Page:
When There’s Nothing Else to Eat…

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While searching online for examples of natural selection I found something very fascinating: bacteria that actually adapted to eat nylon products.

A strain of flavobacterium that feeds on nylon was discovered in 1975 by Japanese scientists, specifically in a pond filled with factory waste. Nylon’s only been around since 1935, so any lifeform that feeds specifically on it would have to have cropped up relatively recently.

Needless to say, this discovery has been used a lot in arguments against creationism and intelligent design. I won’t get too deep into my beliefs in the issue (short version: I’m still a Christian, but I do believe in evolution and natural selection), but I find the existence of the bacteria more fascinating than the argument it’s used for. Could this mean that nature could adjust to deal with any of our waste products? Could evolution make pollution less of an issue? Really, this is fascinating stuff!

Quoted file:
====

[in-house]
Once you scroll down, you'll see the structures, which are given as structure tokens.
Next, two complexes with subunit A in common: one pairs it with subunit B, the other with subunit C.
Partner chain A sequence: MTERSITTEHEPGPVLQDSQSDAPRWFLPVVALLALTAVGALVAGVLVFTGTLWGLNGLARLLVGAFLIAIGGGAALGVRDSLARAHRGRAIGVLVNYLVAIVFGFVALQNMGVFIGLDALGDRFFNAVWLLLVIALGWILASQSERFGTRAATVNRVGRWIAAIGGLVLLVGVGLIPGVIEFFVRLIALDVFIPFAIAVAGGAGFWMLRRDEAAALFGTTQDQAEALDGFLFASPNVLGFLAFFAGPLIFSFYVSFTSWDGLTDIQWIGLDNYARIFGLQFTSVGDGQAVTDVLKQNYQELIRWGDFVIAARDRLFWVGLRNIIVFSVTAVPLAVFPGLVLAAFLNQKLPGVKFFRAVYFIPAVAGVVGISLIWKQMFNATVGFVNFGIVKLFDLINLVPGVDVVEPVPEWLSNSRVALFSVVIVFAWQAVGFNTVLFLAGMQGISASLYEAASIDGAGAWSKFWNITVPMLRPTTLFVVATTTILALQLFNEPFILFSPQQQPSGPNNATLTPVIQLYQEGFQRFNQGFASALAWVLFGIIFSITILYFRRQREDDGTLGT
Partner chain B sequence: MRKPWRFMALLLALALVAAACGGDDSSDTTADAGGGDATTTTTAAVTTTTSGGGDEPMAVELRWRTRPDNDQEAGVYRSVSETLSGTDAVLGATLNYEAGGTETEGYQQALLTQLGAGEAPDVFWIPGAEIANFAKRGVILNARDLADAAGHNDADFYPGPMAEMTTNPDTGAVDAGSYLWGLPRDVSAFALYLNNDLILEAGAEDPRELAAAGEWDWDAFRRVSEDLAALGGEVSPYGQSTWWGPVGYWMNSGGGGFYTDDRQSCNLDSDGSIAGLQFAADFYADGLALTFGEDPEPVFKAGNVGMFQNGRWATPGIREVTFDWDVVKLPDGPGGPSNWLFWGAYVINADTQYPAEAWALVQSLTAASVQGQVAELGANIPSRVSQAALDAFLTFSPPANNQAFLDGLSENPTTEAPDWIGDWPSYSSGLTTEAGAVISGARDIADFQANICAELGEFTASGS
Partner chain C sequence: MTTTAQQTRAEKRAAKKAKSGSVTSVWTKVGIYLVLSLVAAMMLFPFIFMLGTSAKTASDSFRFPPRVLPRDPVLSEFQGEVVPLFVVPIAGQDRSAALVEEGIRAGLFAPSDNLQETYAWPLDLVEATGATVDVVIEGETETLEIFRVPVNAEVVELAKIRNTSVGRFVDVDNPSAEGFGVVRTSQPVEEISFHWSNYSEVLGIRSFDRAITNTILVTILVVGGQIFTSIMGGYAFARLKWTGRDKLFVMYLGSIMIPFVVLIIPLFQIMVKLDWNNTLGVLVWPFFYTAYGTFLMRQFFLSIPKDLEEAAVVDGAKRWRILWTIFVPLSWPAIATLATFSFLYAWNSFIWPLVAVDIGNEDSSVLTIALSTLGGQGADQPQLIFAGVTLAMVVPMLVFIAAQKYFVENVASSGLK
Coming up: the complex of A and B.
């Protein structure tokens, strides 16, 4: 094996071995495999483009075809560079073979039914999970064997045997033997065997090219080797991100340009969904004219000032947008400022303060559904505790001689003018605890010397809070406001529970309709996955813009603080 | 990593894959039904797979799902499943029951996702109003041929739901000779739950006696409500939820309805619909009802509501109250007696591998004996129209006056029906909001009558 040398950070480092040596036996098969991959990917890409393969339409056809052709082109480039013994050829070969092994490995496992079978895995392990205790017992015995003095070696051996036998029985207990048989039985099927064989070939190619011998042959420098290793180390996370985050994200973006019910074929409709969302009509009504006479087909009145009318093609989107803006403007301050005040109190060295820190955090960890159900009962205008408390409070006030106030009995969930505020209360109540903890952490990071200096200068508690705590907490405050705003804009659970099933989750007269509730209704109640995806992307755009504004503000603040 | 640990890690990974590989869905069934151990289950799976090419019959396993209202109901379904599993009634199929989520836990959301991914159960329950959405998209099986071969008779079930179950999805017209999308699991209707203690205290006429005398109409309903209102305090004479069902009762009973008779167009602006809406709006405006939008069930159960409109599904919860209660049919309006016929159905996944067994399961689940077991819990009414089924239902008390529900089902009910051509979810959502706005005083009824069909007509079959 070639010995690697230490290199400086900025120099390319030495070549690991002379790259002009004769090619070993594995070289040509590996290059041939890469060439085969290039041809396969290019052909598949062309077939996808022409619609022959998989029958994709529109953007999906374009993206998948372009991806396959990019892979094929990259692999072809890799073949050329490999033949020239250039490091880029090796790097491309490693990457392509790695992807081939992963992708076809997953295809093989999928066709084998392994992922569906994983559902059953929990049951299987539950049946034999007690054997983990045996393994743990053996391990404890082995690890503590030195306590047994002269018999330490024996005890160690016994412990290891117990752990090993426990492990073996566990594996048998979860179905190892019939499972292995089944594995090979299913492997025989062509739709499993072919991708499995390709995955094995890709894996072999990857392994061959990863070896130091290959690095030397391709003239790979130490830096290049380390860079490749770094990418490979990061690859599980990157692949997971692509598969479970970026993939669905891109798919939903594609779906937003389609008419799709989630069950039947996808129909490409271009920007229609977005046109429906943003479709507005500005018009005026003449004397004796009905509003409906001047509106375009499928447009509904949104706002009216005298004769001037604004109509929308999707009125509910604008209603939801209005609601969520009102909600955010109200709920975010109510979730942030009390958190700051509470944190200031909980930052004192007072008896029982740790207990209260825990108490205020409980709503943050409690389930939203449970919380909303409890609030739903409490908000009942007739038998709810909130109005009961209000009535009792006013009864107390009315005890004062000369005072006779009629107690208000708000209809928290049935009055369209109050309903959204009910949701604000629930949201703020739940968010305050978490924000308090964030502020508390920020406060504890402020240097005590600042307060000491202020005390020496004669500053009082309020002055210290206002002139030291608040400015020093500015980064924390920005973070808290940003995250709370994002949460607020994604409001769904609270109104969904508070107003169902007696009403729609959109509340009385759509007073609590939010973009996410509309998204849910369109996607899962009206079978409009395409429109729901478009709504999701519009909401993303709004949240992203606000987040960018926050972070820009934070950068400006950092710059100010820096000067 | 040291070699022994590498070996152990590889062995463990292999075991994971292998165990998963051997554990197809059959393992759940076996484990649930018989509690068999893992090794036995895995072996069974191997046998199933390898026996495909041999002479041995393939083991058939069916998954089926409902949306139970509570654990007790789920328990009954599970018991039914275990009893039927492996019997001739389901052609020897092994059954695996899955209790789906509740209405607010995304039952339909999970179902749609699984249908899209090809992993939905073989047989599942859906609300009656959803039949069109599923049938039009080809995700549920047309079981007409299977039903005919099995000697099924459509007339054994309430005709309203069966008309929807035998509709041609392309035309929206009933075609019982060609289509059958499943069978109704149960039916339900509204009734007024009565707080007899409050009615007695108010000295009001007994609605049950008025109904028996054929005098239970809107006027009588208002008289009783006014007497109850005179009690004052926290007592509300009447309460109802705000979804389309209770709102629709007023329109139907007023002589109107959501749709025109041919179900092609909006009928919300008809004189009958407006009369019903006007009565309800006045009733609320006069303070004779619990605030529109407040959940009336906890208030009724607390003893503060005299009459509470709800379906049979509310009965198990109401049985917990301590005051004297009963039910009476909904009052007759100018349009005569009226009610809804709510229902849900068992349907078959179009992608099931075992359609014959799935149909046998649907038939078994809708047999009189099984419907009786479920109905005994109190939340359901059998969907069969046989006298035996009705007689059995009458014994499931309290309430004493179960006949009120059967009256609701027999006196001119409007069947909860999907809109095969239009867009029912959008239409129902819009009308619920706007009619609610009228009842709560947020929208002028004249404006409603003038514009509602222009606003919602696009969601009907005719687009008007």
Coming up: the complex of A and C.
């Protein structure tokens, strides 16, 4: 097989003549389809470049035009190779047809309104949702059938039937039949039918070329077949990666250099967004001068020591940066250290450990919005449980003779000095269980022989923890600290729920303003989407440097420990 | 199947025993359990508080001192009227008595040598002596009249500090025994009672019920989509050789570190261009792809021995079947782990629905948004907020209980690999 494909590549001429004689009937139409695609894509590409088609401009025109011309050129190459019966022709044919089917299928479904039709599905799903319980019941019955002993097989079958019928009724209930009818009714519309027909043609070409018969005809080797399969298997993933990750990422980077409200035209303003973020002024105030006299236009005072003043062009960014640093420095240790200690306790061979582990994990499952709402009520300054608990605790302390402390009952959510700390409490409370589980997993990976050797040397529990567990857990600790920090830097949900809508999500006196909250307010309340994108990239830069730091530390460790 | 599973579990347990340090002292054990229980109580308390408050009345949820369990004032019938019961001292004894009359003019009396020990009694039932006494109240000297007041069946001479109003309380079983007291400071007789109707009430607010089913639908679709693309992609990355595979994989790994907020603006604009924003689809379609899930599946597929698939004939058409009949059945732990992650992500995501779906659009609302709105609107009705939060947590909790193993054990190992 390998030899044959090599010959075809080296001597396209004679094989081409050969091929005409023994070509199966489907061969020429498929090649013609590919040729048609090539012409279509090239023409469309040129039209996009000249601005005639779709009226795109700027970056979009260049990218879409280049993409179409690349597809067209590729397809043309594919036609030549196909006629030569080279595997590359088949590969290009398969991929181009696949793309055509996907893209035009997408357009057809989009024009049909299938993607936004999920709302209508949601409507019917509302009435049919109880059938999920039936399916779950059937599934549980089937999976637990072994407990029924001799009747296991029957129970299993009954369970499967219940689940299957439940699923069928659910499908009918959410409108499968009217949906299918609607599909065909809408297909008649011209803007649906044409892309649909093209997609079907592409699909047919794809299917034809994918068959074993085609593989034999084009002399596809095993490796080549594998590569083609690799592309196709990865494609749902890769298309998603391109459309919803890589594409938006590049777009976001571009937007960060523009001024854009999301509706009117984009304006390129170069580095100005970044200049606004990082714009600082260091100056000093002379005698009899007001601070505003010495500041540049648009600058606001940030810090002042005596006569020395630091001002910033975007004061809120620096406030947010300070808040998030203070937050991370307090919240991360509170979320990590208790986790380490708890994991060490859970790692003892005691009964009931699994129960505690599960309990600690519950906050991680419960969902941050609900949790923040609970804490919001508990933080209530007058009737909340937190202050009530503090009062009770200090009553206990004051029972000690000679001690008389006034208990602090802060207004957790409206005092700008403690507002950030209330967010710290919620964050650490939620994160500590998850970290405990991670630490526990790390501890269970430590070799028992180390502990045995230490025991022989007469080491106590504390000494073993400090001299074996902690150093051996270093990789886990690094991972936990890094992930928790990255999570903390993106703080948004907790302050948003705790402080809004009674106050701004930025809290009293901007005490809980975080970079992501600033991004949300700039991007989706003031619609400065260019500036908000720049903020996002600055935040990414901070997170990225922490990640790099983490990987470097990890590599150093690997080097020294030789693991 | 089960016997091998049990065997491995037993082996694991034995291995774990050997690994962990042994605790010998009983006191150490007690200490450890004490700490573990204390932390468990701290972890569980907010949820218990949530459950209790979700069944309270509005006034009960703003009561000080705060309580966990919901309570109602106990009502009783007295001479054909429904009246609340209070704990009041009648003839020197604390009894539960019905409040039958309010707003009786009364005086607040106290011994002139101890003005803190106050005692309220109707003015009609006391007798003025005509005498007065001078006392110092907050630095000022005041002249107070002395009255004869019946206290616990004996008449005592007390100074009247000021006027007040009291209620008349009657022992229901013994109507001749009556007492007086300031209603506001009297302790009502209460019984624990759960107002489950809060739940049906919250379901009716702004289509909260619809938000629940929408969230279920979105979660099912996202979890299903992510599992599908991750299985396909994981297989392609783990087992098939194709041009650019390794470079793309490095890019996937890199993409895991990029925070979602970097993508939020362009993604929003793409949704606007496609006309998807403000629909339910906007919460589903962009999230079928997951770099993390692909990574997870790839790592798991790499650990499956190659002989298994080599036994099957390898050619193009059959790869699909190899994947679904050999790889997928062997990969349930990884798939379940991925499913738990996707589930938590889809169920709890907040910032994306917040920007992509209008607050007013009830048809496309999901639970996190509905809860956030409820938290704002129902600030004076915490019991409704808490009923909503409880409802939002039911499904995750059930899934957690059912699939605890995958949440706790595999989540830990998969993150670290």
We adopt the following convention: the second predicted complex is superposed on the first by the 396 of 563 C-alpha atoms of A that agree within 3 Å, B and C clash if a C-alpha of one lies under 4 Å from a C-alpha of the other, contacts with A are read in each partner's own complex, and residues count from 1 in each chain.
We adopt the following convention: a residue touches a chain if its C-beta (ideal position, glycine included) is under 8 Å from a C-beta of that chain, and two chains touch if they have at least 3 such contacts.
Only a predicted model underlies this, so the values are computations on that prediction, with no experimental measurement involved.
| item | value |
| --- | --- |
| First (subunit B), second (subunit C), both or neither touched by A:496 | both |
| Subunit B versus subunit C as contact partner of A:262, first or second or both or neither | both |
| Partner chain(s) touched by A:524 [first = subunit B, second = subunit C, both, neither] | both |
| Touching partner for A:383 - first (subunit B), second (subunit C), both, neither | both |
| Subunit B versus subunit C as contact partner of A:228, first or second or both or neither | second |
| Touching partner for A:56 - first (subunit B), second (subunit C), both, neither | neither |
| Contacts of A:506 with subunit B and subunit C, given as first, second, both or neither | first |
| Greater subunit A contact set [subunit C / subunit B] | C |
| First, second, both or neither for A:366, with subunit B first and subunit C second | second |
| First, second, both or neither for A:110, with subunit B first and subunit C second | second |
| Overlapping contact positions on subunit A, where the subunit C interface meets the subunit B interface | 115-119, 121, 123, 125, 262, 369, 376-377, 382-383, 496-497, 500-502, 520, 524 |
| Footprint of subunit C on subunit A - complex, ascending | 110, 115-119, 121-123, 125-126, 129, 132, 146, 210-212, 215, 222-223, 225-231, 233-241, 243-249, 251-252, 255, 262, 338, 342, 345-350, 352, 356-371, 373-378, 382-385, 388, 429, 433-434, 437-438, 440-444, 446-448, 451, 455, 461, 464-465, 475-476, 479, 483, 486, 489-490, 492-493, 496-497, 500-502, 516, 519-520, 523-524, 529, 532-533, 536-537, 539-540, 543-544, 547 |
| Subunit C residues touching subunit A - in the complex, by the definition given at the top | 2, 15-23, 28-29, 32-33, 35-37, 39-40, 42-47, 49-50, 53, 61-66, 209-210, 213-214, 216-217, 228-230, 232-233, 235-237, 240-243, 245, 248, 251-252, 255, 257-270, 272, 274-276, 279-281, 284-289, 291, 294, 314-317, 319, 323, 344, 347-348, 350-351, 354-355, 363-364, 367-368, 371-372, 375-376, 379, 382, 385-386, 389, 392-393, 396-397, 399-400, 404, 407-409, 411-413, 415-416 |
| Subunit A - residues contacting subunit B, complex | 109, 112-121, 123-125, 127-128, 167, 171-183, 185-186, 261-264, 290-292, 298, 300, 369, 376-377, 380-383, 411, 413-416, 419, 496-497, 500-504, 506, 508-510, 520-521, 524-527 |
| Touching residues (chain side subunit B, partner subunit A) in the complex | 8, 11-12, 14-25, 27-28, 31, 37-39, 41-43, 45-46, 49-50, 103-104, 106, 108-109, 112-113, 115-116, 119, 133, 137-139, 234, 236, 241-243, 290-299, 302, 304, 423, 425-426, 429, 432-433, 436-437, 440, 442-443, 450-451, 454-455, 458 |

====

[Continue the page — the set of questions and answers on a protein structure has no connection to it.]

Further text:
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2 thoughts on “When There’s Nothing Else to Eat…

  1. now the thought that bacteria or any other organism could evolve to eat plastics or other waste products is extremely thought provoking. the only problem i can think of is when they excrete the waste out would it be waste that wouldn’t be able to decompose correctly

  2. Bacteria would probably be the fastest sign of adaptation due to its life-span and ability to reproduce. It’s sort of like how the scientists use fruit flies to test genetic studies. With enough time, nature could definitely adapt to human waste products…but it’s a matter of time. The earlier comment also has a good point. What would the organism’s waste be? Would it be a substance that could decompose and fertilize? Or would it be a substance that would be as poisonous as the human waste? There are some animals that produce poisonous waste that can only be processed by other animals. Also, there probably are organisms that are adapting to the current levels of pollution. Here’s an example: http://www.sciencedaily.com/releases/1999/09/990930071733.htm

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